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Children of mothers with borderline personality disorder: identifying parenting behaviors as potential targets for intervention.
Personal Disord. 2012 Jan; 3(1):76-91.PD

Abstract

Children of mothers with borderline personality disorder (BPD) should be considered a high-risk group given the wide array of poor psychosocial outcomes that have been found in these children. This article describes the parenting strategies that might explain the transmission of vulnerability from mothers with BPD to their offspring, from infancy through adolescence. We conclude that oscillations between extreme forms of hostile control and passive aloofness in their interactions with their children may be unique to mothers with BPD. We provide an overview of interventions that are currently recommended for mothers and family members with BPD, namely attachment therapy and psychoeducational approaches. On the basis of an integration of the empirical findings on parenting and child outcomes, as well as from the review of current approaches to intervention, we conclude with recommendations for treatment targets. We argue that mothers with BPD need psychoeducation regarding child development and recommended parenting practices and skills for providing consistent warmth and monitoring, including mindfulness-based parenting strategies.

Authors+Show Affiliations

Department of Psychiatry, University of Pittsburgh School of Medicine, Western Psychiatric Institute and Clinic, PA 15213, USA. steppsd@upmc.eduNo affiliation info availableNo affiliation info availableNo affiliation info availableNo affiliation info available

Pub Type(s)

Journal Article
Review

Language

eng

PubMed ID

22299065

Citation

Stepp, Stephanie D., et al. "Children of Mothers With Borderline Personality Disorder: Identifying Parenting Behaviors as Potential Targets for Intervention." Personality Disorders, vol. 3, no. 1, 2012, pp. 76-91.
Stepp SD, Whalen DJ, Pilkonis PA, et al. Children of mothers with borderline personality disorder: identifying parenting behaviors as potential targets for intervention. Personal Disord. 2012;3(1):76-91.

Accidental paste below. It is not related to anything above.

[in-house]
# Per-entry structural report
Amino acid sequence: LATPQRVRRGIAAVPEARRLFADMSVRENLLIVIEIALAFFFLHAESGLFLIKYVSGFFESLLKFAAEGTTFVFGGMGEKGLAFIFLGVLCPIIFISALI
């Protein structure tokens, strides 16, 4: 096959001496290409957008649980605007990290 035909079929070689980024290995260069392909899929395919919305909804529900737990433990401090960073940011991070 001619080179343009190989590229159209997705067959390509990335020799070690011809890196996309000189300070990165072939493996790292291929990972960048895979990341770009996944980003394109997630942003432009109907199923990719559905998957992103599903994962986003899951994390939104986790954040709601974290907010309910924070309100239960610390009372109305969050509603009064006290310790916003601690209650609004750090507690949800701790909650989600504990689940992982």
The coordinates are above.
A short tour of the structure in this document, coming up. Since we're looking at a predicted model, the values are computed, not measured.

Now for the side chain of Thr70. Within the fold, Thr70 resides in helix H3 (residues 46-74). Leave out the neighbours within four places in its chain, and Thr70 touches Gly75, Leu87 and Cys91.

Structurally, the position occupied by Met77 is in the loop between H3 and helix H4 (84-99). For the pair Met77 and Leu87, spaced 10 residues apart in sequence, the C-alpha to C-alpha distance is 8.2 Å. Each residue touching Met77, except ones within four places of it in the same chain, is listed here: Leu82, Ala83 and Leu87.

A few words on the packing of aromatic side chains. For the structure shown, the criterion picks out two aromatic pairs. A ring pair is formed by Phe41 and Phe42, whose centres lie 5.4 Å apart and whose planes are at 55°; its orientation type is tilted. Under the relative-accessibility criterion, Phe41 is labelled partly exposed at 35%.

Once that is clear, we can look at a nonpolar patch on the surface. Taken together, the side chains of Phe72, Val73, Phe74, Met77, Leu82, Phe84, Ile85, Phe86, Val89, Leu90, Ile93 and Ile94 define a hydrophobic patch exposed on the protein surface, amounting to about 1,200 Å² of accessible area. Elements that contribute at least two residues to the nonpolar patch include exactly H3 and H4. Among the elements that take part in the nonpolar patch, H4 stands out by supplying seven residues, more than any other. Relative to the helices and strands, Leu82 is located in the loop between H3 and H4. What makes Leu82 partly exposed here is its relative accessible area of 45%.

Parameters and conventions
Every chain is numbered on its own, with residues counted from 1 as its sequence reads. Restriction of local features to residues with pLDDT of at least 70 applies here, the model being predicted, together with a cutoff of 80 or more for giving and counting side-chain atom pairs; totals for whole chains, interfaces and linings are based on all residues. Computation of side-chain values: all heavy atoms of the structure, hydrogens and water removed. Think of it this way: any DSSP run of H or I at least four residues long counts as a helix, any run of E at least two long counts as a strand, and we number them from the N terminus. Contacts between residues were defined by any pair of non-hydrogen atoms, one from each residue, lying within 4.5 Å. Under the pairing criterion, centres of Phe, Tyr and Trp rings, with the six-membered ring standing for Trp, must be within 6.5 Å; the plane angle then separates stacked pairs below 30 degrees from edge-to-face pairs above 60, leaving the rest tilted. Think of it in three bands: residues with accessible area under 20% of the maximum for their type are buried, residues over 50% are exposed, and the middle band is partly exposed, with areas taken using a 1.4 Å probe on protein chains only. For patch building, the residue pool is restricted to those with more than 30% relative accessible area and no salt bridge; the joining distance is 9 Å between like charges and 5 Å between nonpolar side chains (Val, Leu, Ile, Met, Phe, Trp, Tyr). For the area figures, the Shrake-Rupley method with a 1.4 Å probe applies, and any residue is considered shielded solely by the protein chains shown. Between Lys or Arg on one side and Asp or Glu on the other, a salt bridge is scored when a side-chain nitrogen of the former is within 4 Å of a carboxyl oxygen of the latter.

Stepp, S. D., Whalen, D. J., Pilkonis, P. A., Hipwell, A. E., & Levine, M. D. (2012). Children of mothers with borderline personality disorder: identifying parenting behaviors as potential targets for intervention. Personality Disorders, 3(1), 76-91. https://doi.org/10.1037/a0023081
Stepp SD, et al. Children of Mothers With Borderline Personality Disorder: Identifying Parenting Behaviors as Potential Targets for Intervention. Personal Disord. 2012;3(1):76-91. PubMed PMID: 22299065.
* Article titles in AMA citation format should be in sentence-case
TY - JOUR T1 - Children of mothers with borderline personality disorder: identifying parenting behaviors as potential targets for intervention. AU - Stepp,Stephanie D, AU - Whalen,Diana J, AU - Pilkonis,Paul A, AU - Hipwell,Alison E, AU - Levine,Michele D, PY - 2012/2/3/entrez PY - 2012/2/3/pubmed PY - 2012/9/12/medline KW - Mothers with Borderline Personality Disorder KW - Parent skills training KW - Parent-child interventions KW - Parenting SP - 76 EP - 91 JF - Personality disorders JO - Personal Disord VL - 3 IS - 1 N2 - Children of mothers with borderline personality disorder (BPD) should be considered a high-risk group given the wide array of poor psychosocial outcomes that have been found in these children. This article describes the parenting strategies that might explain the transmission of vulnerability from mothers with BPD to their offspring, from infancy through adolescence. We conclude that oscillations between extreme forms of hostile control and passive aloofness in their interactions with their children may be unique to mothers with BPD. We provide an overview of interventions that are currently recommended for mothers and family members with BPD, namely attachment therapy and psychoeducational approaches. On the basis of an integration of the empirical findings on parenting and child outcomes, as well as from the review of current approaches to intervention, we conclude with recommendations for treatment targets. We argue that mothers with BPD need psychoeducation regarding child development and recommended parenting practices and skills for providing consistent warmth and monitoring, including mindfulness-based parenting strategies. SN - 1949-2723 UR - https://www.unboundmedicine.com/medline/citation/22299065/Children_of_mothers_with_borderline_personality_disorder:_identifying_parenting_behaviors_as_potential_targets_for_intervention_ L2 - http://content.apa.org/journals/per/3/1/76 DB - PRIME DP - Unbound Medicine ER -